All I had on me was a camera, an iPod, and a hankie. And the Curragh was unusually devoid of people. My options were to wave my hankie in the air, while taking multiple photographs with the flash on, and blasting The Beatles’ “Help” on full volume. Or I could retrace my steps as best as I could remember.

Unfortunately, I was searching for a single black key that happened to look very much like the sheep droppings that carpeted the vast plains of the Curragh. I eventually came across a chap in army attire, who told me he wasn’t allowed carry a mobile phone. I just had to laugh.

So, armed with my sense of humour, the seeds of a lesson that had to be watered, and the makings of a relatively humorous and thought-provoking blog post, I made my way back to Newbridge town. My aunt wasn’t at home so I called into her neighbour, a woman I had done a course with about a year ago. What was it her name was? Maureen? Unexpectedly, a strange man answered the door. He looked red-faced and hostile. I was thrown.

“Is Maureen there?”

“Maureen who?”

“That might not even be her name. I took the car. It’s not mine. The key’s in the Curragh. There’s so much sheep poo…” I babbled.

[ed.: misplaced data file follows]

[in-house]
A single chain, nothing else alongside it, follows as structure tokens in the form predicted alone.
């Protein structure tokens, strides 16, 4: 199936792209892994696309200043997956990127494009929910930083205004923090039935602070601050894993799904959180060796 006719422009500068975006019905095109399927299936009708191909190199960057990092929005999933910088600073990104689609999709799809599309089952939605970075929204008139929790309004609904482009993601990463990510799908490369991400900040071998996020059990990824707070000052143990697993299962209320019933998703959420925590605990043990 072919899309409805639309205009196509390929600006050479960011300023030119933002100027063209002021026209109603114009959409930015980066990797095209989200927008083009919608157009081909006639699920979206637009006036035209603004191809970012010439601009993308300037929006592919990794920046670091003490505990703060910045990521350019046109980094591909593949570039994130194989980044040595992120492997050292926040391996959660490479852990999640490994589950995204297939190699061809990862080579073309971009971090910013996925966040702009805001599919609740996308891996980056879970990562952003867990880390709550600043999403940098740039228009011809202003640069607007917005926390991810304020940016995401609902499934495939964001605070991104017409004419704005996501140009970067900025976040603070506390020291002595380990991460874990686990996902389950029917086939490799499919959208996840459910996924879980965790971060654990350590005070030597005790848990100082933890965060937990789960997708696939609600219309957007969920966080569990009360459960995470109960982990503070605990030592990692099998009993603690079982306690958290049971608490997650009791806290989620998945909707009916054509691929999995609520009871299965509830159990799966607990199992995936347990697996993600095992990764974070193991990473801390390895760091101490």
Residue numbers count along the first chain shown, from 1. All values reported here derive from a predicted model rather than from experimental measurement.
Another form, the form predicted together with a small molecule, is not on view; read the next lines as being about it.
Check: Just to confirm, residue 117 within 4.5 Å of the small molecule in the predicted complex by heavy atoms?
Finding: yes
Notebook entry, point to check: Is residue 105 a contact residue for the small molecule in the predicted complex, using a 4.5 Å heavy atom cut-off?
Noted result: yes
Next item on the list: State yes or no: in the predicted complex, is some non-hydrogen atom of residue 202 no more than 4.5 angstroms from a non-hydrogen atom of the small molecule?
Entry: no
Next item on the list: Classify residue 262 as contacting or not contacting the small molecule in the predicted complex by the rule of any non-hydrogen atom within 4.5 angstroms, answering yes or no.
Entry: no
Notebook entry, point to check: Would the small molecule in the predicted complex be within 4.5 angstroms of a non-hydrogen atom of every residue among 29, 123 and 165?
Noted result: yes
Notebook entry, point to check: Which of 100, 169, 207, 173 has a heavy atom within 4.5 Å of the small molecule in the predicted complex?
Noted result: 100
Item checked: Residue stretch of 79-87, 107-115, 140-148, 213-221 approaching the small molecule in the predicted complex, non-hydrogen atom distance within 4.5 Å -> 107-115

“Who are you looking for?” Silence. “Do you have her name? What’s her number?” Eh… “What do you want?” Oh God! “Do you want to use my phone to call this Maureen character?”

“Yes!” I finally managed to splutter.

“Okay, come in. My wife Pauline will be down in a minute.”

“Pauline!” I shrieked. “That’s her name! I’m Sharon,” I muttered, relieved that something was starting to make sense.

With that, Pauline sauntered in.

“Siobhán!” she called me. And her husband snorted.

And so, after telling my aunt the embarrassing news, I sat back with a cup of tea and a choccie biccie and listened to this couple’s tales of travel in South America. When my aunt returned and we rescued her car with the spare key, I enjoyed a long, hot shower.

The car key is still missing but I’ve gained some insight as to how I function. I’m happy with myself and with life so long as it’s running smoothly. It’s easy to be fully aware and appreciative of the present moment when everything is going the way you want. But when life happens, when you come across an unexpected fork in your journey, it is then that you need to take a moment to be still before deciding which route to take. The unexpected is what we call life. According to John Lennon:

“Life is what happens to you while you’re busy making other plans.”

So, the next time a  volcanic ash cloud or snow storm disrupts your travel plans, a shocking event occurs, or you receive some bad news, you miss the bus, your friend cancels on you last-minute, your eye lashes fall out, or you lose your aunt’s car key in a sea of sheep poo, here’s what to do:

  1. Release control
  2. Go with the flow
  3. Believe that everything happens for a reason
  4. Observe what unfolds instead
  5. Unleash your sense of humour
  6. Accept the situation
  7. Check out what lesson you’ve been sent
  8. Learn from it
  9. Move on